The mural was originally sprayed by a young Wiesbaden artist known as Jorkar 7, using a photograph taken by a policeman in 1944. Found in an archive in Wiesbaden, the photo documents the original historical location of the ramp, exactly where Jorkar created his impressive image.

Recently, the wall was thoroughly cleaned and Jorkar redid the painting. The whole site has been transformed into a memorial for the deported Jews and has been incorporated into a cultural and recreational park that is being completed on the old slaughterhouse grounds. An opening ceremony for the park was held last month.

While the park is helping preserve the mural, it is not all good news for graffiti artists and their fans. Several old building in the area were torn down, and the “wall street meetings” were forced to find a new location, and name, for their annual gatherings.

They did not have to go far.

About eight years ago they began meeting in nearby Mainz-Kastel underneath the big traffic circle at the beginning of the Theodor Heuss bridge, which crosses the Rhine River and connects it with the city of Mainz. The gathering is part of the international “Meeting of Styles,” and this week, from Friday through Sunday, 80 artists from Germany, Poland, Hungary, South America and elsewhere will cover some 32,000 square feet of walls with fresh murals, according to Manuel Gerullis, a Wiesbaden graffiti artist and organizer of the MOS.

The artists — who most years include some Americans — go by names like Three Steps, Stick Up Kids and Urban Code. They work together under a main concept, but each in their own style. Their work is creative and colorful — and often political, criticizing the establishment. While they work, disc jockeys provide music for the spectators who come to join in the fun.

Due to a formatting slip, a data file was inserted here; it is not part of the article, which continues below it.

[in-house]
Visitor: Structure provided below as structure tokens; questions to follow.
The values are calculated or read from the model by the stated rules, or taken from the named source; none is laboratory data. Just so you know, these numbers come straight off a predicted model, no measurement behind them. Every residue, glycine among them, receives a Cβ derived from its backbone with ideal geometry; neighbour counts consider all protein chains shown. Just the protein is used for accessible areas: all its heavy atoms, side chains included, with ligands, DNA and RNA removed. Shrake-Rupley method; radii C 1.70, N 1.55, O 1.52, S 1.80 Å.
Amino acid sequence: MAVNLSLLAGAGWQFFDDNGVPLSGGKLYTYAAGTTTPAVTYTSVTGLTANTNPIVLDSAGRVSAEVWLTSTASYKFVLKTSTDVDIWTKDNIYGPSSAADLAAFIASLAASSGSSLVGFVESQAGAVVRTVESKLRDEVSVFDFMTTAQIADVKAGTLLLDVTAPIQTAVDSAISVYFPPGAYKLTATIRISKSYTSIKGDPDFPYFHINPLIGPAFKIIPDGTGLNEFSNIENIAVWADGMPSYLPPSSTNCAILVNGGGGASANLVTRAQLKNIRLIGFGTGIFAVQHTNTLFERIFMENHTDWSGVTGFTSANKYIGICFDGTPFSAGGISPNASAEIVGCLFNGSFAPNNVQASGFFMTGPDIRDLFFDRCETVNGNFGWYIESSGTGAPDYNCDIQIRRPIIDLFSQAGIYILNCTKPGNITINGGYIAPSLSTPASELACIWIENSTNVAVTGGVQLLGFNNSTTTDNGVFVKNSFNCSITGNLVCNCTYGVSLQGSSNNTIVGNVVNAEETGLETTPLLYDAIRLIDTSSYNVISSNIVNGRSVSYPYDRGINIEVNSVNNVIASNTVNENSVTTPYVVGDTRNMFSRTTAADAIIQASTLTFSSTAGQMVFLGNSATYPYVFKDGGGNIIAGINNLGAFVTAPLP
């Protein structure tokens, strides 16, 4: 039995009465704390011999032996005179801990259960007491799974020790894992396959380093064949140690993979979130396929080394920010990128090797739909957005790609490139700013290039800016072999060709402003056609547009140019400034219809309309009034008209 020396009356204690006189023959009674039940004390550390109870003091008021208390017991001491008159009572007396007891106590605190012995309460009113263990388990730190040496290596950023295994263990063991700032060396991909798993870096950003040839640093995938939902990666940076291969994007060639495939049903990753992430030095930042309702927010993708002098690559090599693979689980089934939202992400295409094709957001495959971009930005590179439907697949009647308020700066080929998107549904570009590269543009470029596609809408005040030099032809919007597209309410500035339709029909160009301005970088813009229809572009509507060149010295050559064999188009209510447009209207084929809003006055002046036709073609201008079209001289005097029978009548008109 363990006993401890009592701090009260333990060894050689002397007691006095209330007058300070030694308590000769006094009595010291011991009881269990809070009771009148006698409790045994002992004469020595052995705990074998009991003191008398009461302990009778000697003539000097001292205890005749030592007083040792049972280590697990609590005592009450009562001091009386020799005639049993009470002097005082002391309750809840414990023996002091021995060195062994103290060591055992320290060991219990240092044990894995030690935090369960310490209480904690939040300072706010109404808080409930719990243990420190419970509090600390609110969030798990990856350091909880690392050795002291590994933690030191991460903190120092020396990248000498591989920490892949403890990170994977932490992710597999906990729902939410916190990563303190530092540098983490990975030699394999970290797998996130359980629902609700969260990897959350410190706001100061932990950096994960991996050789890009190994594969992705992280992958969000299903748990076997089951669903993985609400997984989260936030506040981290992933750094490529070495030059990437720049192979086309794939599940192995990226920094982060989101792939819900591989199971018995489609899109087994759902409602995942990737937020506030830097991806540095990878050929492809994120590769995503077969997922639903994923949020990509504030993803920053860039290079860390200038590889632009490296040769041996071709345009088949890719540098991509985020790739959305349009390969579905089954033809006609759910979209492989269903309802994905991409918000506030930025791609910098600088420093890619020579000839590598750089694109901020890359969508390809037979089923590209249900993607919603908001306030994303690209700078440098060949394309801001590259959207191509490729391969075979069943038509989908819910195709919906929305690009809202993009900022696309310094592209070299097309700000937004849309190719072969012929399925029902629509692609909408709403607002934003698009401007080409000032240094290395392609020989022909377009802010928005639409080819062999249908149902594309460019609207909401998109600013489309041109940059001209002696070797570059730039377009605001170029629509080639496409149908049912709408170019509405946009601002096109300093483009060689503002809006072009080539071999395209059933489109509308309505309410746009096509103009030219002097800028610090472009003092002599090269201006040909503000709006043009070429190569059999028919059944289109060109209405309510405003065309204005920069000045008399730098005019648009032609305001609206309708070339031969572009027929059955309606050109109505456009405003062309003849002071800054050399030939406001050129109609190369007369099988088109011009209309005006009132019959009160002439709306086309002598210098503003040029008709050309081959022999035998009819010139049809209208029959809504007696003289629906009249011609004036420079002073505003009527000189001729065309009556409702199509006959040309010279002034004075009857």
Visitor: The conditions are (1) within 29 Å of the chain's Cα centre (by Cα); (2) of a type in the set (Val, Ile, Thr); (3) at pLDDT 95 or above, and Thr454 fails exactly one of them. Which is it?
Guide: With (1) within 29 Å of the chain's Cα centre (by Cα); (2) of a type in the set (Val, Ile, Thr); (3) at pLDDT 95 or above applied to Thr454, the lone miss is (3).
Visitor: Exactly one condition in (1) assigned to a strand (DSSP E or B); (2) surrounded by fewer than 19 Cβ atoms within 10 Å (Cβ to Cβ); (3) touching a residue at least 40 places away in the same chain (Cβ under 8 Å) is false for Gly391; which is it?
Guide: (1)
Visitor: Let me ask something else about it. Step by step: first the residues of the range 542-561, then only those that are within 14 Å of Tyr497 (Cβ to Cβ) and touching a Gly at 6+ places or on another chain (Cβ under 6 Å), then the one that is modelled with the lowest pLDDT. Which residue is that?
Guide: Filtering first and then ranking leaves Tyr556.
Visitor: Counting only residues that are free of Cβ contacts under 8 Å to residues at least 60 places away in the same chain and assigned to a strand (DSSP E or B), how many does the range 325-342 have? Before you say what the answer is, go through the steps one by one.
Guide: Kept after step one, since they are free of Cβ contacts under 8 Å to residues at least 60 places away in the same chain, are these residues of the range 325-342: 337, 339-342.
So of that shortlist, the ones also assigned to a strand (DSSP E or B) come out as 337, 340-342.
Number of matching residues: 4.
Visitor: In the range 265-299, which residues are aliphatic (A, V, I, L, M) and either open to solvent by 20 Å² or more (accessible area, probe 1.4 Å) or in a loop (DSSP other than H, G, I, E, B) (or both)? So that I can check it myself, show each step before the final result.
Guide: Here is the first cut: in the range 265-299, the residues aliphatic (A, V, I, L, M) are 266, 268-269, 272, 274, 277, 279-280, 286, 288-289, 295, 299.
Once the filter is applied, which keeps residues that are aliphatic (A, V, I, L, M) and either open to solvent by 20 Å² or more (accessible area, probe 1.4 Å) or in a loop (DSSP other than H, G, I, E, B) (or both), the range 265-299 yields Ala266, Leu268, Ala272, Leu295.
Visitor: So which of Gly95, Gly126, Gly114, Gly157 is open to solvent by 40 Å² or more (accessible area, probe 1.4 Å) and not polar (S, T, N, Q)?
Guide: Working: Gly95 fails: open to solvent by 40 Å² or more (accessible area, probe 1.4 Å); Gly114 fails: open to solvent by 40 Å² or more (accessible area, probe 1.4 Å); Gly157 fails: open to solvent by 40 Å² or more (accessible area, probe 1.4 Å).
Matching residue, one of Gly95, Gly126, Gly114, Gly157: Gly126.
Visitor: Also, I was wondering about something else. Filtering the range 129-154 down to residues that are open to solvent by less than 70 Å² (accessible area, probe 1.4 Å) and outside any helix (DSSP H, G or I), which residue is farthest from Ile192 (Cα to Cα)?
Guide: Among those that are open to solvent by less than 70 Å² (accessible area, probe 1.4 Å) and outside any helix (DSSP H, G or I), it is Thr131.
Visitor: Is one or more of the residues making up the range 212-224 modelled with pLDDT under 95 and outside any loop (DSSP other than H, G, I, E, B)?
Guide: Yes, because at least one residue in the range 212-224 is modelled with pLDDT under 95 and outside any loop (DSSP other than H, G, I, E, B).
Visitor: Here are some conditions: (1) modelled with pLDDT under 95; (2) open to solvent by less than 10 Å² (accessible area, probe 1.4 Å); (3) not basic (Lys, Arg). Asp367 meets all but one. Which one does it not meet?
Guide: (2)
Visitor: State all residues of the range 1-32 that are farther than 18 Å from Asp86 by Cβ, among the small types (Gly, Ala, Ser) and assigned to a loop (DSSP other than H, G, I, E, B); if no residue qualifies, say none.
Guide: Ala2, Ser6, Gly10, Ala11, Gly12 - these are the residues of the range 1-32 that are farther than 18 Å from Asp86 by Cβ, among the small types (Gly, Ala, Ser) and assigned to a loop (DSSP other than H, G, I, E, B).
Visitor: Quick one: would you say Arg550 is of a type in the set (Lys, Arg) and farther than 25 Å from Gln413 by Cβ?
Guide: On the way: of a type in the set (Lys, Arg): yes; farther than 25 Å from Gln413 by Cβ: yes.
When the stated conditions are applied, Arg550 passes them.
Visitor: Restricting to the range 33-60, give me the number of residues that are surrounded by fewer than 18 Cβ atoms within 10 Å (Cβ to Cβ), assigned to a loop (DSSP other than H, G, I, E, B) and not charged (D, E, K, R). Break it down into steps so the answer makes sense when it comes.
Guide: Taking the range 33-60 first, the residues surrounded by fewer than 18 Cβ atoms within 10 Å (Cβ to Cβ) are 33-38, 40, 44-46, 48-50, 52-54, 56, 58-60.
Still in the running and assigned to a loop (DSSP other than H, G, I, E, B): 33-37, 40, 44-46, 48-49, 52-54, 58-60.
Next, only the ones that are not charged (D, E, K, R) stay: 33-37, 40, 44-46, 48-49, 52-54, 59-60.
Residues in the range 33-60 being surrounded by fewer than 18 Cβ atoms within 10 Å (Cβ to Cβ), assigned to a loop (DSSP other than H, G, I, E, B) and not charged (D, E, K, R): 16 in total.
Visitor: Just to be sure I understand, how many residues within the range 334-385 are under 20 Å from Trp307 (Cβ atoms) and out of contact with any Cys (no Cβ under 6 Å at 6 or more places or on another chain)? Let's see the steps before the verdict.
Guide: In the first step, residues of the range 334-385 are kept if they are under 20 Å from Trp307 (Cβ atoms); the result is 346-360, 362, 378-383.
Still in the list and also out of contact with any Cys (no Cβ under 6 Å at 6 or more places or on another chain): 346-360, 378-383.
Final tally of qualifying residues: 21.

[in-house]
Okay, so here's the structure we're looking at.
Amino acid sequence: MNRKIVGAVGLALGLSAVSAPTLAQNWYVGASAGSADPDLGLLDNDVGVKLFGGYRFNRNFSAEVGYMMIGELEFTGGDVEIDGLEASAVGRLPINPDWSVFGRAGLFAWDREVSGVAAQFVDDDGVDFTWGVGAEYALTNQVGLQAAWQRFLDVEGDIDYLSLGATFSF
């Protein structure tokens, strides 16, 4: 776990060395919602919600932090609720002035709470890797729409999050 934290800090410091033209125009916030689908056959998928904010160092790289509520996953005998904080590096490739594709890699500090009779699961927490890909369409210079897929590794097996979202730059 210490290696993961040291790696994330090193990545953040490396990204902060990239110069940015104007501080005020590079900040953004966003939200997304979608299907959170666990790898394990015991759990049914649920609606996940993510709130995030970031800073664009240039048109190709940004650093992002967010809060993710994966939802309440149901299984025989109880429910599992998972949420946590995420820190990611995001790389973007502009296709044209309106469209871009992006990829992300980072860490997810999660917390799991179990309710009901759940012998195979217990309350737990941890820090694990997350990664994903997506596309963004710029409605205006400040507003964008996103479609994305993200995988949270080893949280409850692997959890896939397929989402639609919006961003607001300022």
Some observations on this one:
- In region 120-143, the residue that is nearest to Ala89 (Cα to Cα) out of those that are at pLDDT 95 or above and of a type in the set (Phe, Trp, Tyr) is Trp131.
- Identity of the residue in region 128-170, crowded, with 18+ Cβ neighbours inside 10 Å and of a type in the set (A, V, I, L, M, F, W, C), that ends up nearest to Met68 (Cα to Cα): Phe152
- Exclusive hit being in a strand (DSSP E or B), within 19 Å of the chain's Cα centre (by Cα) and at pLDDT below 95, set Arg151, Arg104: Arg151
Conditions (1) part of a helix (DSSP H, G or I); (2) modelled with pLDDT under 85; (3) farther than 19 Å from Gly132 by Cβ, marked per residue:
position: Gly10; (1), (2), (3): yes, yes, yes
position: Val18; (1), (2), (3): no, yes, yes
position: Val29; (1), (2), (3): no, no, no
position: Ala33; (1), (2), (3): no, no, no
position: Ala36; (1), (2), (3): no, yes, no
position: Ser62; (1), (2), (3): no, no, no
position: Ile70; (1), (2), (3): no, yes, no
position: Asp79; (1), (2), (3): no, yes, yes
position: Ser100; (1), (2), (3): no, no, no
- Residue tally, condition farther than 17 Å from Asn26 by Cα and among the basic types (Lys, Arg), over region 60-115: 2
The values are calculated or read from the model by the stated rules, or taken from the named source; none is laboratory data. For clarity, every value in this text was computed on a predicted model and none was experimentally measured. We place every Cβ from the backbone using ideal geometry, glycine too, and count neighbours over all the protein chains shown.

Graffiti art often has a short life, and even complex murals can be sprayed over within days or weeks. However, an unwritten code of honor among artists maintains that the new work has to be better than the one underneath, says Gerullis. That is why some samples last for a long time.’

The images on this page were collected during the past four years at the Sclachthof, under the Theodor Heuss bridge and elsewhere in Mainz-Kastel. They show a variety of styles and the high artistic quality of some of the longer-lasting works.

One newly painted wall shown at top right page illustrates Mainz-Kastel’s Roman past. Twenty artists worked together under the supervision of End of the Line and Pennine Nomads. The huge artwork overlooking a parking lot was designed to stay and permanently brighten up the area, part of what Gerullis proudly calls graffiti’s “colorful revolution.”